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CBS SPORTS – Star free agent Michael Bourn remains the best player without a team. But suitors are starting to show up now for the center fielder who by some advanced-stat estimates has saved 80 runs or more with his defense over the past four years.
To this point, Bourn hasn’t had just mystery teams but an entire mystery market. But now, teams are starting to emerge, and things are starting to develop.
Here’s a look at the thought-to-be players in the long-running behind-the-scenes drama that still may have an act to play …
The Mets have the money despite perceptions to the contrary, they like Bourn and, as everyone knows by now, they surely can use an outfielder — or two, or three — and especially a center fielder.
As Mets GM Sandy Alderson said a couple months ago about his own outfield, “What outfield?”
The Mets let Scott Hairston go to the Cubs because their main interest is apparently a different outfielder, one who is a bigger player. They haven’t said who it is, but they admit having no match for Justin Upton (they won’t give up Zack Wheeler), so Bourn has to be the guy they are considering.
Of course, there’s a long way from considering to signing. There’s understandable skepticism as to whether the Mets will pay what it takes — likely a five-year deal for about $15 million a year — to win the day. But the Mets have money left in their payroll, with only about $80 million to $85 million committed and a budget with room for about $15 million more.
But there are clear indications they are at least thinking seriously about Bourn.
The Mets are thinking enough about it that they are trying to win a ruling to keep their draft choice if they sign Bourn, the Daily News reported. The teams with the 10 worst records are supposed to have protected first-round draft picks, and the Mets’ contention is that while they are slated to pick 11th and thus not holding a protected pick, that’s only because the Pirates failed to sign their No. 1 pick, Mark Appel, last year, not because they weren’t 10th worst by record.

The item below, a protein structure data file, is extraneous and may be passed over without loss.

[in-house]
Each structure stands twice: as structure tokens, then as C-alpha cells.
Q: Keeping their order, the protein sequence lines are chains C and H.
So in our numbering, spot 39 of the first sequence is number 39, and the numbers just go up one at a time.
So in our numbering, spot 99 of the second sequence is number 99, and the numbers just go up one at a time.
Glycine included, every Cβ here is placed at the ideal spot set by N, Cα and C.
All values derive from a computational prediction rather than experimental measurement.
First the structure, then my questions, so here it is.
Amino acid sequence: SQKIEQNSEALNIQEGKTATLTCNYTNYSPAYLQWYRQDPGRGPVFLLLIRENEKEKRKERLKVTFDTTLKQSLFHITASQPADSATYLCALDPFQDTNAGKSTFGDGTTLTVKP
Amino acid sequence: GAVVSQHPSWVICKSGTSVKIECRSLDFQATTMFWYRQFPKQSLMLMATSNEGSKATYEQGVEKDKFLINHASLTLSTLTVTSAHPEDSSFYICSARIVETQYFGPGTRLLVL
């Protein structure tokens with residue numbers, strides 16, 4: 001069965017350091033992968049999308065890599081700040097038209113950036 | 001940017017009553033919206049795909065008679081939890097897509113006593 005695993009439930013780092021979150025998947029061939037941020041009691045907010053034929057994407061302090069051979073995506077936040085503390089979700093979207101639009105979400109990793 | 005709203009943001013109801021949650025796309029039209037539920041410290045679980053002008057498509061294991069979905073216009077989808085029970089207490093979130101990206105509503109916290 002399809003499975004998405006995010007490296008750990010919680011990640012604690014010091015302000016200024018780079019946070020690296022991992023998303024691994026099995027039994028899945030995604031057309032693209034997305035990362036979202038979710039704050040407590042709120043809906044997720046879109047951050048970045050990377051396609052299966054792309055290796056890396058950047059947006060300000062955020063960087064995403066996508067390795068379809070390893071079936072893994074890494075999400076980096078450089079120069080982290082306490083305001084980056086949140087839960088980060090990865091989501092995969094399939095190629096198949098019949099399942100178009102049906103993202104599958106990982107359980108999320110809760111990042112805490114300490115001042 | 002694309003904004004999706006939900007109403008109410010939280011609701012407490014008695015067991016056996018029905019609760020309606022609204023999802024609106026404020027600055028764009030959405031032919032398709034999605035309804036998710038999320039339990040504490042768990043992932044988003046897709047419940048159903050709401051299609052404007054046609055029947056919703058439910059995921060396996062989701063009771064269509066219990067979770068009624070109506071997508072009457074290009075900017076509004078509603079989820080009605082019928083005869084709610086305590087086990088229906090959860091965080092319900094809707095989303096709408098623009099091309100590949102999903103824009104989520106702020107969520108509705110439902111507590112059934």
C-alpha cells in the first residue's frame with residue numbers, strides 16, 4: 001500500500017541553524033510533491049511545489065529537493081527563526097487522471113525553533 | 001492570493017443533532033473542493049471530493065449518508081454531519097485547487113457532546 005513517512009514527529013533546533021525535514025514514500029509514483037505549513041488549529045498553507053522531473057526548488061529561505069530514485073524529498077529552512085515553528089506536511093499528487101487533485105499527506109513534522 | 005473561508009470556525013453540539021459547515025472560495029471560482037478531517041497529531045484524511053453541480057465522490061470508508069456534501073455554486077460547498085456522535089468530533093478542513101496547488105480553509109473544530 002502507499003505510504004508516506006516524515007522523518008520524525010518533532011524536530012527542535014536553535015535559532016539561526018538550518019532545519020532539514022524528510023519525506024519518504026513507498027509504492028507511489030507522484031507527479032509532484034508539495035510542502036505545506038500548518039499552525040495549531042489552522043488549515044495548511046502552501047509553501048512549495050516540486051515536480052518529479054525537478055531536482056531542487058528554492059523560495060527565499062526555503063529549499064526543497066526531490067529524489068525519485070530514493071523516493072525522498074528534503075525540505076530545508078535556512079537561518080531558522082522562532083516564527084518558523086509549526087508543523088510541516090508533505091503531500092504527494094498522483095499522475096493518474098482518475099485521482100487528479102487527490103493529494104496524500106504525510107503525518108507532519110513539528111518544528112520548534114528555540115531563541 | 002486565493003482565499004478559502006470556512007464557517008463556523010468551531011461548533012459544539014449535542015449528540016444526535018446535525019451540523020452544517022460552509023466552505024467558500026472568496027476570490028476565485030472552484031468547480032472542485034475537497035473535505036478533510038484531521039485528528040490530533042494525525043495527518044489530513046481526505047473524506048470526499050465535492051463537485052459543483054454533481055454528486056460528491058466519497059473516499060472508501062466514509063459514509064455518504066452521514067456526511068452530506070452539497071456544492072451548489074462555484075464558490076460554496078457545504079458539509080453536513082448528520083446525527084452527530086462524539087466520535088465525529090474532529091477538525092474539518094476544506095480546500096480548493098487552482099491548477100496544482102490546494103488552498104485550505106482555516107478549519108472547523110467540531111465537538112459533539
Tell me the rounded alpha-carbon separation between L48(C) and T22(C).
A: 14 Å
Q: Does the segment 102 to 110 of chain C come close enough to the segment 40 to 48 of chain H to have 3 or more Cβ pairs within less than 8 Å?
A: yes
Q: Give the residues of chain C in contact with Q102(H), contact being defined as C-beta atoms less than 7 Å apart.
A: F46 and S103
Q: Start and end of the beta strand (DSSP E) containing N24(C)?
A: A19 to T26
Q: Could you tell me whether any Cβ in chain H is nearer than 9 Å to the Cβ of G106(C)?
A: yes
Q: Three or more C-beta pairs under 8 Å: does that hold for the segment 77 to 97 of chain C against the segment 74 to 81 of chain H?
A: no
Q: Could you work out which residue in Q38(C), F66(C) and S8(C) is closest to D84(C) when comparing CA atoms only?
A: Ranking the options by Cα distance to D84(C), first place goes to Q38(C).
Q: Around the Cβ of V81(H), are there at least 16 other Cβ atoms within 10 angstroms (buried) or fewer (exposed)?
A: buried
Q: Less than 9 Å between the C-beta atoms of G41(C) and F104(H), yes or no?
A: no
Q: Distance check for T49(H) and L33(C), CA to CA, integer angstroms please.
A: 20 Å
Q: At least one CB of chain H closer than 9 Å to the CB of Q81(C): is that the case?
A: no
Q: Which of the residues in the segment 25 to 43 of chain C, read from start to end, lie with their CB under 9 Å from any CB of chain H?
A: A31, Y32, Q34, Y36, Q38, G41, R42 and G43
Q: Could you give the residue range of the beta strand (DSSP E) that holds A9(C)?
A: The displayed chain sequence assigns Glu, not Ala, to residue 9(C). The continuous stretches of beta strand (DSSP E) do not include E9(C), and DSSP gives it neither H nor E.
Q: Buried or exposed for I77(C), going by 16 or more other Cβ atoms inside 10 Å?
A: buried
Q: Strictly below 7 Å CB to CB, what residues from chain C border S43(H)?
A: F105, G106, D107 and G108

Whether or not they can win their case to protect their draft choice, Bourn would be a major coup for a team that’s shopped at Walmart the past few winters. He might not make the Mets an immediate contender, but he sure would make folks take them more seriously.
Braves manager Fredi Gonzalez, coach Terry Pendleton and a Brave star or two are believed to have reached out to Bourn, who was an extremely popular Braves player among the uniformed personnel.
Bourn really remains the perfect fit, as a superb center fielder and very good leadoff hitter. Without him, Gonzalez said he’d use Andrelton Simmons or Martin Prado in the leadoff spot.
The Braves’ front office also very much likes the Uptons though, and the Braves have made an offer for Justin Upton that the Diamondbacks are said to be weighing only a couple months after signing older brother B.J. Upton for $75.2 million over five years.
Diamondbacks GM Kevin Towers has said he won’t take less than Seattle’s extremely strong offer for Justin Upton (led by star righthanded pitching prospect Taijuan Walker), and while the Braves like Justin Upton, they aren’t likely to match that bid in terms of talent.
Justin Upton is a wonderful player (not to mention a bargain now, with $38 million to go over three years), he would surely relish the chance to play with his brother, and of course the Diamondbacks wouldn’t mind easing their outfield logjam by finally trading Upton. But the reality is, in some ways Bourn really is the better fit for the Braves.
The Rangers are said not to have talked to the Diamondbacks about Upton in a couple weeks. But it isn’t certain how often they’ve been talking to Bourn, either. They’ve lost Josh Hamilton (not to mention Michael Young and Mike Napoli), but don’t appear to be acting desperate to appease the masses. They would have to go with unproven Craig Gentry and/or Leonys Martin in center field if they don’t get Bourn. But they aren’t a team that rushes into deals, and seem just as inclined to go for a starting pitcher, if not more inclined, at this time.
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